For one week from this Friday, the Hackney Playhouse will be screening Seven Streets, Two Markets and A Wedding, a collection of vintage film clips all about London.

There is something oddly compelling about films of the past — an almost foreign land to us now.


It’s not just the colour tone of the old films (when they are in colour) that look so odd, but these are places that we instinctively know, yet are strange to us. The homogenous nature of the clothing, the hairstyles, even the faces seem odd, ever so slightly different, foreign maybe.

It’s like watching footage of people at play in another country. People at leisure in some far flung part of the Old Empire. Yet this is London.

The past is foreign to us, and as fascinating as a tourist holiday abroad.

This film travels from Brent to Southwark via Hackney and Hampstead Heath in this heritage showcase, produced through Made in London, a Film Hub London initiative.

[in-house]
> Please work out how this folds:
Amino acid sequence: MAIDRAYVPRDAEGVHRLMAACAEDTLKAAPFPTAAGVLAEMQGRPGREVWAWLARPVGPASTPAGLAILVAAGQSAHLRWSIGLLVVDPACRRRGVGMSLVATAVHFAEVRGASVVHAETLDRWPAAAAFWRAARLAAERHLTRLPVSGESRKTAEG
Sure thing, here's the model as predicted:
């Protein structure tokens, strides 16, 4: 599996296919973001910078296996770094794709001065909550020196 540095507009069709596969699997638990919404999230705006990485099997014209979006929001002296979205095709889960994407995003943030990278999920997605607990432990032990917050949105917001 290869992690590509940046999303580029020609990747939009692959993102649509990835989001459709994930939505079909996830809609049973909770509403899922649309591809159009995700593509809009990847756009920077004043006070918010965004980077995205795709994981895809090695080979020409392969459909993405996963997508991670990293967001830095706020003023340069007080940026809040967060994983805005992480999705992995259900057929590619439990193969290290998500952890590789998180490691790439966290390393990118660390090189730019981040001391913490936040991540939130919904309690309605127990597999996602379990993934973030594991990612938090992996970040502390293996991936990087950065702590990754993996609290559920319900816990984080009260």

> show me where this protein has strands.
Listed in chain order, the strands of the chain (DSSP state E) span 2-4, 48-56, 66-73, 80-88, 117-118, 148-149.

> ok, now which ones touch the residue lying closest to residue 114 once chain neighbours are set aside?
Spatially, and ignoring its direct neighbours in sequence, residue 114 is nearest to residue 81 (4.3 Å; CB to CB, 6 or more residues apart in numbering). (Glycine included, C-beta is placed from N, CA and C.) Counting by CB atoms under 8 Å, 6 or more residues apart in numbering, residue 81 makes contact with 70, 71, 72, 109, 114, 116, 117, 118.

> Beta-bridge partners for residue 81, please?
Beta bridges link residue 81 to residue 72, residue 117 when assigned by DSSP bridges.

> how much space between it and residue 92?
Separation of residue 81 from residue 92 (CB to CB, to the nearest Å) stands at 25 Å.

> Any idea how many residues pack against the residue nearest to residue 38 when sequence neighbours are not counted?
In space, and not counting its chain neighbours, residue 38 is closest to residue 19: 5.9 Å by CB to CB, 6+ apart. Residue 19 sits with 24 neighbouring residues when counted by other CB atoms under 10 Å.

It comprises ten films, a mix of Super 8 and 16mm footage shot between 1932 and 1979.

It’s on at the Hackney Playhouse until next Thursday.

There are just seven screenings, so it’s a rare chance to see this film, although it will be shown on the 8th June and 7th July in two other locations if you miss it.

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One comment on “Film screening – Glimpses of Lost London 1930-1980
  1. George says:

    I went to this today, and it was both evocative and fascinating. The section in Marylebone was the one that stood out for me. There were only about six of us in the cinema!